Style: Flanders Red Ale
I’m so happy to have found a bottle of this beer. As a note, it cost me over $20, which I am chalking up to the fact that I live on the east coast. We don’t really see many beers by the Bruery here, but I am super excited to try this one. I’ve only sampled a few sours so far and this is my first Flemish red so I have high hopes.
The bottle has a classy cellar-worthy bottle with a nice psychedelic twist. The color scheme is strangely renaissance/medieval. In fact, the overall feel of the bottle reminds me of Alice in Wonderland. The text is a little heavy on the bottle label, but it melds into the label nicely and makes it less confusing, unless you focus on it and then it does have some problems. The blue text to describe the beer style is lost in the psychedelic background pattern, which is too bad. The fancy fonts are all great, and I love the brewery name font, but the overload of text could be toned down. Overall though, this bottle is worthy of your shelf. It is a rising classic of the sour ales, and it has an awesome Alice and Wonderland feel to it.
The beer pours a dark brown red with a creamy white ring of head on the edges. It’s too dark to really see through it and is hazy to boot, but there do seem to be bubbles traveling up the sides to suggest carbonation. The lacing stays on as a clinging ring of sticky dry bubbles. The beer smells like leathery dark cherry with a slight alcoholic bite in the back of the nose; it’s as if a dried cherry strip were created and then liquefied. Malt backbone is faint, but seems to be sweet and caramely. The tart cherry smell is the entirety of the bitters in this beer. There is also a faint note of creamy chocolate in the nose’s base which may also be the malt.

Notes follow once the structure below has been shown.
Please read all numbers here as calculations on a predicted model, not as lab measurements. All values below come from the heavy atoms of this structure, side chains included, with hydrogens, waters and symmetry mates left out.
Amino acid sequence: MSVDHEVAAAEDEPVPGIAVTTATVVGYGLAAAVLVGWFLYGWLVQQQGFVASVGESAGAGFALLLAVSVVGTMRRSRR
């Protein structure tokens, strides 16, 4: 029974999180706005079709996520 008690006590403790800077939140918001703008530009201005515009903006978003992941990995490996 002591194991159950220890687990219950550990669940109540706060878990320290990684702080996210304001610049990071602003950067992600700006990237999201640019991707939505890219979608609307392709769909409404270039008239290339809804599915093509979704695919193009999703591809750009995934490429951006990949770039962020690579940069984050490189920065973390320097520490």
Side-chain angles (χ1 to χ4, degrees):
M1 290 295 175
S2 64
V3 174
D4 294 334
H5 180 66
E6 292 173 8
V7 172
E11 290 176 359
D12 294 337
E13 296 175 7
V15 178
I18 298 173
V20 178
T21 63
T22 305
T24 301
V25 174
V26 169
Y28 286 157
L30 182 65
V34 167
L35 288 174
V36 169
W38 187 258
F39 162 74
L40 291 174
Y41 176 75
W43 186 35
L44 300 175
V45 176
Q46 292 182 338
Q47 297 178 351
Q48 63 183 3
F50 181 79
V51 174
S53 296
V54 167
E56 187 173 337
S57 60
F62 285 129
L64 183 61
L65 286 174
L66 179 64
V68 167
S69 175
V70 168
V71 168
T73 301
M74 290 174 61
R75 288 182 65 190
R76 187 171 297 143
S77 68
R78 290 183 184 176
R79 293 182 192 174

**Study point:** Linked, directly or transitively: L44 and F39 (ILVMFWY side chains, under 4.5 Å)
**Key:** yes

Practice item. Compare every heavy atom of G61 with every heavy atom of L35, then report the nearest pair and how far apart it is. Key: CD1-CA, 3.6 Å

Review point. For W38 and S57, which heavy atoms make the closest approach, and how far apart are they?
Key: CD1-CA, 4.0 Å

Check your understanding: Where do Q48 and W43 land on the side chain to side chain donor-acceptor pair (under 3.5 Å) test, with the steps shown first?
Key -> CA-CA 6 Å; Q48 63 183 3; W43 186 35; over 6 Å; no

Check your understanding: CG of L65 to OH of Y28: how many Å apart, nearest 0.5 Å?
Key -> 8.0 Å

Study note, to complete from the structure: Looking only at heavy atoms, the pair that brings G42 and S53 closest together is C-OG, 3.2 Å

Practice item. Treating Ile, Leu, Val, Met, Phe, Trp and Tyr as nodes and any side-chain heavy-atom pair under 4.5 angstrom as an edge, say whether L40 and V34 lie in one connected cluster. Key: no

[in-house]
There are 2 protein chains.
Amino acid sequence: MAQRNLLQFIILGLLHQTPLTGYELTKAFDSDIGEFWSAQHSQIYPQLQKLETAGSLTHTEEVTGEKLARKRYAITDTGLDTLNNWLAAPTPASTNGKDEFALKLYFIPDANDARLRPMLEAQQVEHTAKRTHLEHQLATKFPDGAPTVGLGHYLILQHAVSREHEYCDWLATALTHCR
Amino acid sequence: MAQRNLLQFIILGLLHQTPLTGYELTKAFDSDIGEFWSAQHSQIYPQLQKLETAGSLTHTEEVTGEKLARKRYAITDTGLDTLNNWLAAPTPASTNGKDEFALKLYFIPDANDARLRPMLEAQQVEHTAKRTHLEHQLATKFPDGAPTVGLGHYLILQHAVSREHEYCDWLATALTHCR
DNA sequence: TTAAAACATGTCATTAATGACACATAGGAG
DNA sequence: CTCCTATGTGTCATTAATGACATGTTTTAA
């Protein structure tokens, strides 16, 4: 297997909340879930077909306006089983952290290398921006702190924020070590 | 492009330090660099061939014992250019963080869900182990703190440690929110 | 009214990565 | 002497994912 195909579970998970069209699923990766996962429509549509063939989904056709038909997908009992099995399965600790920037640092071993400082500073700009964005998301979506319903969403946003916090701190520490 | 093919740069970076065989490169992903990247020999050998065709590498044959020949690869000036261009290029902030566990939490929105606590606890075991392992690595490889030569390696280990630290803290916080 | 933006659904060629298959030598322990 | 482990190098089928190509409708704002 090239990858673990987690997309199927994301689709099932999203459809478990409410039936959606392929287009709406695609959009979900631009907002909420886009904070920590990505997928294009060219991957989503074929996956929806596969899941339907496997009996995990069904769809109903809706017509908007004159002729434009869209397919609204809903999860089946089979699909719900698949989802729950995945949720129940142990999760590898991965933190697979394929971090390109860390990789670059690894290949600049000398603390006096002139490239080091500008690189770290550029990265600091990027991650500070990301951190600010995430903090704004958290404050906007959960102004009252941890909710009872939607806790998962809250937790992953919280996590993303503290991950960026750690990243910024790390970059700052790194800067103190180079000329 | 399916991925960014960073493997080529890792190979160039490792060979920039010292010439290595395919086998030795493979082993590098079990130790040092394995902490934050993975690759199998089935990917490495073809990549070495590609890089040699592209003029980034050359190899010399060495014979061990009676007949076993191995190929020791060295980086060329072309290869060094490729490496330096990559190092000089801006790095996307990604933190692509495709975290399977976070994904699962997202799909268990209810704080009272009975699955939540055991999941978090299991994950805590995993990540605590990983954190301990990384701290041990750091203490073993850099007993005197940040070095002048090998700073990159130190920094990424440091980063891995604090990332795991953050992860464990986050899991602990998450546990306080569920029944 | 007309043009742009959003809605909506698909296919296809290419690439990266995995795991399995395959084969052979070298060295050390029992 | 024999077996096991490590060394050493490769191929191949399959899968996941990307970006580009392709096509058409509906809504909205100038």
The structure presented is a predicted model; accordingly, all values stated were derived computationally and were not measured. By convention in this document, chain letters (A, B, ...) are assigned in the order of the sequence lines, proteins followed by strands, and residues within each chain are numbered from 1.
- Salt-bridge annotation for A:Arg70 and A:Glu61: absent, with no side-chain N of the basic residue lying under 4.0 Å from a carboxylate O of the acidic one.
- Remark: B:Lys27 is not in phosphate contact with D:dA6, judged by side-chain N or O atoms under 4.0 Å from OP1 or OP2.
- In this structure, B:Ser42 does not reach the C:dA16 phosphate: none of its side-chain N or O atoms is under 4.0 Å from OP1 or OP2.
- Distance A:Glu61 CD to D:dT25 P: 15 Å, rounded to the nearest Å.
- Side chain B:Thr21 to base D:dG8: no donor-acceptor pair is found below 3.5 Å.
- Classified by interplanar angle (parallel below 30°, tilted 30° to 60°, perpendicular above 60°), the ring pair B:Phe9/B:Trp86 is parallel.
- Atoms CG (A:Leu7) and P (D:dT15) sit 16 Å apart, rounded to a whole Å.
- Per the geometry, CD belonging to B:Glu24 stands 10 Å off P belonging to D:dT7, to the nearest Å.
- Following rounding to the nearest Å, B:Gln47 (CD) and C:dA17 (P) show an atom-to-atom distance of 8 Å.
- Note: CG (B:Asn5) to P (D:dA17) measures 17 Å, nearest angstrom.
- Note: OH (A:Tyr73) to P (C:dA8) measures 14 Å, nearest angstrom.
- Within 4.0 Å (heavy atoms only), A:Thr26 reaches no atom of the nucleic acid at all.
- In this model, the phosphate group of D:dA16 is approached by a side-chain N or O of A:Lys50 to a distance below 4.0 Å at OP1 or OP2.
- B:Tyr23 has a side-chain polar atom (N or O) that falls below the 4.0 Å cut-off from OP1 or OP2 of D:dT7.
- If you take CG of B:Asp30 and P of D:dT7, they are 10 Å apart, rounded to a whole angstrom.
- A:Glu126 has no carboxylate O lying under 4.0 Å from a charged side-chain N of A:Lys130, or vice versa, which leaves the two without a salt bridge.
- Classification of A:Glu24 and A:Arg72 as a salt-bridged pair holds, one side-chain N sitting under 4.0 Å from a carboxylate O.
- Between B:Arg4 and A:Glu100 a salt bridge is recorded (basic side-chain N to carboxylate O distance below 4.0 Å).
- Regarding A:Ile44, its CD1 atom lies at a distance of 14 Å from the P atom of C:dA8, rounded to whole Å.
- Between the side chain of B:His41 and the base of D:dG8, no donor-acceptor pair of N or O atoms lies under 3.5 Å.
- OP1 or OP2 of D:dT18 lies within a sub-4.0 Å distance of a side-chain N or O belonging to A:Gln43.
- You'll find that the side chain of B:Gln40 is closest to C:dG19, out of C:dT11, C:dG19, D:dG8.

The beer tastes puckeringly tart and cherry fruity with a faint chocolaty feel in the middle and a slight aftertaste. The tart cherry is the main taste in this beer though, and it shines through. Alcohol is completely hidden in the taste, blending in with the tartness to completely mask itself. There is also a great funk that hits the back of the tongue and suggests some fantastic spiciness. Vanilla notes are also present in the middle and aftertaste that provide a sweet and creamy taste. Mouthfeel is puckering and tart with the sour (obviously). The carbonation, however, is completely velvety and smooth, with a slight chewiness. Overall this is a fantastic beer. I already love the complexity of the beer’s flavor. This is admittedly my first Flemish red, and I am very happy with what it has proven to be. This beer is obviously worth a taste for anyone that’s a beer lover, especially sour beer lovers, and is also worth a try for anyone that loves sour tastes, especially Warheads! (If you have a love for sours you should read this! It’s from the Bruery and it mentions Warheads!) Try this beer.